Receiving serial data with no unique start/stop frame characters


I’m working on a project where several imps are communicating with commercial A/V equipment; projectors, amplifiers, displays, etc. The imps communicate with the equipment over RS232.

Some manufacturers use protocols that have unique start frame and stop frame delimiting characters, and I’ve had no problem writing uart callbacks for these. ie. if the incoming byte is STX, clear my incoming packet array, append subsequent incoming bytes until I get an ETX byte, packet is complete, parse it…

The problem is some manufacturers use much less friendly framing, and I’m having trouble figuring out how to approach these in terms of the incoming serial receive callback.

For example, one manufacturer, for all of the serial packets the equipment transmits to the imp, uses a frame format that:

  • has no unique start character across all commands
  • has no unique stop character across all commands (last byte is a checksum)
  • the first incoming character can appear elsewhere in the frame
  • NAK messages are framed differently than ACK messages (ie. start character, length, etc.)

Here’s a concrete example. For a particular line of NEC projectors, a power on command:

Sent from Imp to projector:

ACK message received:
22H 00H 01H 01H 00H CHECKSUM

or NAK message received:

where DATA01 could be 00H to 04H and DATA02 could be 00H to 0CH. Last byte is always a checksum byte.

So, how do I detect that a received frame is complete and ready to parse, and how do I detect the start of the frame so I can clear my packet buffer for the new frame?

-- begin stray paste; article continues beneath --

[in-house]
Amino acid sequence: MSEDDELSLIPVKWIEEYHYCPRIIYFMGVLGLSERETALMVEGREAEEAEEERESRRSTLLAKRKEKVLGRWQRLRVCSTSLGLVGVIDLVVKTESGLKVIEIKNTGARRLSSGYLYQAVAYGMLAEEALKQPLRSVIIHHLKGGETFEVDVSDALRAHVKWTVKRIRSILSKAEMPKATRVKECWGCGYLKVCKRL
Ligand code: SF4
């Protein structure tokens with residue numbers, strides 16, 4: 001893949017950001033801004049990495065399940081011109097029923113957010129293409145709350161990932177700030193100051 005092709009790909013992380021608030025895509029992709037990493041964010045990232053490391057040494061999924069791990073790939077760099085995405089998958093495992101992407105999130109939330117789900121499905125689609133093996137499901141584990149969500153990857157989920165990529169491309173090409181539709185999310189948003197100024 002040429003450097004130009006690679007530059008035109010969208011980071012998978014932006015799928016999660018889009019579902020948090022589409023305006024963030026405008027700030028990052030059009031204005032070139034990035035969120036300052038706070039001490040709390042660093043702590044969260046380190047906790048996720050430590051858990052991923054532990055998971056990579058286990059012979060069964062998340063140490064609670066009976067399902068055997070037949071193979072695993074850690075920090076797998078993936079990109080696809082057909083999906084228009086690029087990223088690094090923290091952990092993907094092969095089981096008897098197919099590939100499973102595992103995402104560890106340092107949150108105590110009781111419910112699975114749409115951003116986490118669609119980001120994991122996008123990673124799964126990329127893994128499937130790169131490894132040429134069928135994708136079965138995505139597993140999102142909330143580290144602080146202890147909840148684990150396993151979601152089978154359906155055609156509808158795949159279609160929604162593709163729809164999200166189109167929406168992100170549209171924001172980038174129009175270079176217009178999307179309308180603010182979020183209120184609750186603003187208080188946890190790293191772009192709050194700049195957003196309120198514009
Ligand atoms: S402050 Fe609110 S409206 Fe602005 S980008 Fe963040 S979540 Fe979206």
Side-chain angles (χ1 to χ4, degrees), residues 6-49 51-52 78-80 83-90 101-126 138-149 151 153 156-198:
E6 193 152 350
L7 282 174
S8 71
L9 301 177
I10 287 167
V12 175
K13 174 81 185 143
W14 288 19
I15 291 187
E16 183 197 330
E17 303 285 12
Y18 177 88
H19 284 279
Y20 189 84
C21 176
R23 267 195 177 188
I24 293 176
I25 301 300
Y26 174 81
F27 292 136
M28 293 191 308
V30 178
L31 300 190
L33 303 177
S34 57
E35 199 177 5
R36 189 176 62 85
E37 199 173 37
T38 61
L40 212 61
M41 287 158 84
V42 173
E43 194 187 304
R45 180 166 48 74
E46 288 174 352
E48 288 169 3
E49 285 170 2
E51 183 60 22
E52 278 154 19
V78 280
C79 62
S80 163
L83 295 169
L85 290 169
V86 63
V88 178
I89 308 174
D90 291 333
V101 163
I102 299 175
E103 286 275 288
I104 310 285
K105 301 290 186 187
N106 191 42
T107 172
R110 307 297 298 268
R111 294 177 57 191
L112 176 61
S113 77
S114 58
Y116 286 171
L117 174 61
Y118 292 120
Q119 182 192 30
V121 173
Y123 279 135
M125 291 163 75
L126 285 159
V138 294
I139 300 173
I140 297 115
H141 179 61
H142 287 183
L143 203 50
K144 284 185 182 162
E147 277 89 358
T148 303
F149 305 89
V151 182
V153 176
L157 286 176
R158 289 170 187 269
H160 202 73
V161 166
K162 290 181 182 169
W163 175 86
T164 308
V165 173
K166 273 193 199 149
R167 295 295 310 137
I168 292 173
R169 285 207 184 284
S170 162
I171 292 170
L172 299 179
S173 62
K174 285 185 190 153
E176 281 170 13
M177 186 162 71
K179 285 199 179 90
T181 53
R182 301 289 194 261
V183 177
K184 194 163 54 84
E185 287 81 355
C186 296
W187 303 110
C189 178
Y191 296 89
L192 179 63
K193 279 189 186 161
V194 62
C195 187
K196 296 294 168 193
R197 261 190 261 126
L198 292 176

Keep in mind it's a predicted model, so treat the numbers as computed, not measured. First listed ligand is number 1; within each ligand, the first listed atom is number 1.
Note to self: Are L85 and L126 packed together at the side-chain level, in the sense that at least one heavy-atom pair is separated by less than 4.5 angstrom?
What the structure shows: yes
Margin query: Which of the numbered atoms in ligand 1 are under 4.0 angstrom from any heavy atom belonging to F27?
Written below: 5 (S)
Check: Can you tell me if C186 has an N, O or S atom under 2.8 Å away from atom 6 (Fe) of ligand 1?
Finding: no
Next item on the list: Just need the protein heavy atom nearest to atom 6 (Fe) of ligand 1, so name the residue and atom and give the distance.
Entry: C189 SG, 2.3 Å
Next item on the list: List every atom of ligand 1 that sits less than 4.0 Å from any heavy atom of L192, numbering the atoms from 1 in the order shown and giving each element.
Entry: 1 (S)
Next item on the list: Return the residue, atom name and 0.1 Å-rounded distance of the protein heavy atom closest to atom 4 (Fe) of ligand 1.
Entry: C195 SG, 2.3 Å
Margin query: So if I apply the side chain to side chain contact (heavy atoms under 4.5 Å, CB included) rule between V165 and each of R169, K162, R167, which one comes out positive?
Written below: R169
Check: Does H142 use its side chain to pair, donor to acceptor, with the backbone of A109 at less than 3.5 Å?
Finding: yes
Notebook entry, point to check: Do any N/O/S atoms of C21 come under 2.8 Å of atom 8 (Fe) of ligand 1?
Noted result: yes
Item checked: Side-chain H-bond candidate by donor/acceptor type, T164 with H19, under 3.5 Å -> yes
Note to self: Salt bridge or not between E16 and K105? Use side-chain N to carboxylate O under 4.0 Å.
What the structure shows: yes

Would appreciate any suggestions or reading material.

Ken C.


Instead of looking for particular characters, set up a timer using imp.wakeup when you transmit your request. The duration of the timer should allow ample time for the response to arrive (perhaps a few hundred ms). While the timer is running, simply capture all the received bytes with your handler and store them in a blob. Don’t try to interpret any structure to it at that stage. When the timer expires, look at the entire buffer you have collected. The first thing to check is whether you have any data at all. If there is no data, you’ll need to respond accordingly. If there is data, you should attempt to validate the checksum immediately. If and only if the check sum is valid can you look at the rest of the packet to determine what you received. Protocols that have no specific start or terminating character are quite common.


Slightly depends from received - termination character exist or not.
As I have used - read until ‘\n’ and then store data or execute other function. If there are no termination character (I have seen such kind of devices) - it is in a bit more complicated.
If the the length of received is the same size - one solution- count bytes, if not - as you say: checksum always is last byte - calculate received checksum and compare - the main idea why checksum are used at all. (But you must know the checksum calculation algorithm).


Modbus-RTU works somewhat how you describe – there’s no frame delimiter, you have to look out for a certain size gap in transmission to detect a frame boundary. The imp UART’s TIMING_ENABLED flag was added to help deal with this sort of regrettable protocol design, see and